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Publication numberUS5274650 A
Publication typeGrant
Application numberUS 07/813,682
Publication dateDec 28, 1993
Filing dateDec 27, 1991
Priority dateDec 28, 1990
Fee statusLapsed
Publication number07813682, 813682, US 5274650 A, US 5274650A, US-A-5274650, US5274650 A, US5274650A
InventorsSatoru Amano
Original AssigneeHoya Corporation
Export CitationBiBTeX, EndNote, RefMan
External Links: USPTO, USPTO Assignment, Espacenet
Solid state laser
US 5274650 A
Abstract
A solid state laser provided with a pair of mirrors constituting a laser resonator and a plurality of non-linear optical crystals placed between the pair of mirrors in such a manner to have an optical axis in common therewith and a pump source for irradiating pump light on the plurality of non-linear optical crystals. In the solid state laser, the non-linear optical crystals are operative to generate both of fundamental-wave laser light and harmonic laser light in response to the pump light.
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Claims(5)
What is claimed is:
1. A solid state laser comprising:
a laser resonator having a pair of mirrors;
a plurality of non-linear optical self-frequency-doubling crystals placed between the pair of mirrors so that the plurality of non-linear crystal have a common optical axis; and
a pump source disposed longitudinally to an optical axis of said laser resonator and providing pump light to the plurality of non-linear optical crystals, each of the plurality of non-linear optical crystals generating both a fundamental-wave laser light and a harmonic laser light in response to the pump light, wherein a first crystallographic axis of each of the plurality of non-linear optical crystals is perpendicular to the common optical axis thereof including a progress direction of the fundamental-wave laser light propagating through the plurality of non-linear optical crystals and the first crystallographic axis of each non-linear optical crystal is rotated by 180 around the common optical axis in relation to the first crystallographic axis of an adjacent non-linear optical crystal, wherein a difference between the progress direction of the fundamental-wave laser light and a wave-surface progress direction of a cophasal-wave light are cancelled.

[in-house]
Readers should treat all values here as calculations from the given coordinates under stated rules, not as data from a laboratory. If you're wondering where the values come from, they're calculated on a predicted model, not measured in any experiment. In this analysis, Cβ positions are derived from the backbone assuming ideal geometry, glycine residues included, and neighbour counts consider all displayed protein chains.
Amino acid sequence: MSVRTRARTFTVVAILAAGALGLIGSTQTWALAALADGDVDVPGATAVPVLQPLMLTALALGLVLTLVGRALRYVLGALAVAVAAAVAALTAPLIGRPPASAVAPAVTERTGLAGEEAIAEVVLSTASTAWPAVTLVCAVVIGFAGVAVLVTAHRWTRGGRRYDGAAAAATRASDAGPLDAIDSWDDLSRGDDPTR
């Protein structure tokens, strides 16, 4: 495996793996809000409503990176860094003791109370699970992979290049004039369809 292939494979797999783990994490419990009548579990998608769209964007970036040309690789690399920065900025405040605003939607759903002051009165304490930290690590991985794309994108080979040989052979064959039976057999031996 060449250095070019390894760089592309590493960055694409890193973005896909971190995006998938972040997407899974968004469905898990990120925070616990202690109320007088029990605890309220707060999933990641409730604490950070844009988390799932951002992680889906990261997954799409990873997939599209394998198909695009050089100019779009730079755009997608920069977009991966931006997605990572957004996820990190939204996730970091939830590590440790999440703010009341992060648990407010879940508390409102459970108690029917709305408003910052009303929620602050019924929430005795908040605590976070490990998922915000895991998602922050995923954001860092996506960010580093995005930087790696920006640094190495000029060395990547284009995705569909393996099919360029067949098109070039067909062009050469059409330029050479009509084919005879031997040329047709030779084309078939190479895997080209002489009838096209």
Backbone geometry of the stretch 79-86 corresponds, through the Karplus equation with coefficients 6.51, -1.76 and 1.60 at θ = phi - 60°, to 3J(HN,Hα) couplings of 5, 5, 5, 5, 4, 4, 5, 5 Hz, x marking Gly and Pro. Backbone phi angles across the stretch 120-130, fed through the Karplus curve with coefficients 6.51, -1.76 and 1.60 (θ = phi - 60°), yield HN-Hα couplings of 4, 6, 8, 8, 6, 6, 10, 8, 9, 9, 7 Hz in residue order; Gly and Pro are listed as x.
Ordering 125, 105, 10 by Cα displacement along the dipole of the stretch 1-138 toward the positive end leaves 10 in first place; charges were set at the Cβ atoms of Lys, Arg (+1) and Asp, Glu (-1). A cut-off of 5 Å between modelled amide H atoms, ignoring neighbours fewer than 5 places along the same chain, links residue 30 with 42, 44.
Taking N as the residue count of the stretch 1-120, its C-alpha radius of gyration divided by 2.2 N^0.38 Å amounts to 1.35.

2. The solid state laser according to claim 1, wherein a Q-switch element is placed in the laser resonator.
3. The solid state laser according to claim 1, wherein the plurality of non-linear optical crystals are accommodated in a transparent tube.
4. The solid state laser according to claim 3 wherein the transparent tube is a Ce-doped quartz tube.
5. The solid state laser according to claim 1, wherein the plurality of non-linear optical crystals are made of NYAB(Ndx Y1-x Al3 (BO3)4).
Description
BACKGROUND OF THE INVENTION

1. Field of The Invention

This invention relates to a solid state laser for obtaining harmonic laser light by using a non-linear optical crystal.

2. Description of The Related Art

A typical conventional solid state laser, which obtains harmonic laser light by employing a non-linear optical crystal, has a configuration as illustrated in, for example, FIG. 2.

In case of this example of the conventional solid state laser of FIG. 2, a laser medium 1 and a Q-switch element 5 are placed between a pair of mirrors 3 and 4, which constitute an optical resonator, in such a manner to have a common optical axis. Further, pulse-like fundamental-wave laser light L, is emitted by making a Q-switch element 5 operate simultaneously with a pumping of the laser medium 1 by using a pumping flash lamp 2. Then, the fundamental-wave laser light L2 is made to be incident on a non-linear optical crystal 6 placed outside the laser so as to obtain second-harmonic laser light L2. In case where a crystal of YAG(Y3 Al5 O12) including Nd (neodymium) ions is employed as the laser medium 1 and a crystal of KTP(KTiOPO4) is used as the non-linear optical crystal 6 of this configuration, laser light having a wavelength of 1.064 microns (μm) is obtained as the fundamental-wave laser light L1. Consequently, green laser light, the wavelength of which is 0.532 μm, is obtained as the second-harmonic laser light L2. Incidentally, a Pockels element (e.g., a crystal of KD#P (basically potassium dihydrogen phosphate (KDP) with the hydrogen replaced by deuterium)) or an acoustooptic element may be employed as the Q-switch element 5. Thereby, high-peak-power laser light can be obtained as the fundamental-wave laser light L1. Thus relatively-high-peak-power pulse-like second-harmonic laser light can be obtained.

Moreover, there has been proposed another conventional solid state laser which simultaneously generates fundamental-wave laser light and second-harmonic laser light by using a non-linear optical crystal itself, thereby further miniaturizing the laser (see L. Baosheng et al., Chinese Phys. Lett., Vol. 3, No. 9, 413, 1986, and T. Y. Fan et al. , J. Opy. Soc. Am. B. , Vol. 3, No. 1 , 140, 1986). This conventional laser utilizes a non-linear crystal of, for example, NYAB(Ndx Yx YI-x Al3 (BO3)4) or Nd:MgO:LiNbO3 which serves both as a laser medium and a non-linear optical crystal. Namely, if such a non-linear optical crystal is pumped in an optical resonator by light emitted from a lamp or a laser, fundamental-wave laser light is generated. Moreover, if phase matching conditions are satisfied, such a non-linear optical crystal by itself generates second-harmonic laser light, the frequency of which is twice that of the fundamental-wave laser light .Thus the laser light, the wave length of which is one-half that of the fundamental-wave laser light, is emitted from the resonator to the outside. Incidentally, the phase matching conditions are conditions of an angle of incidence, at which the fundamental-wave laser light impinges on the non-linear optical crystal, and/or the temperature of the crystal to be satisfied for obtaining specific non-linear optical effects.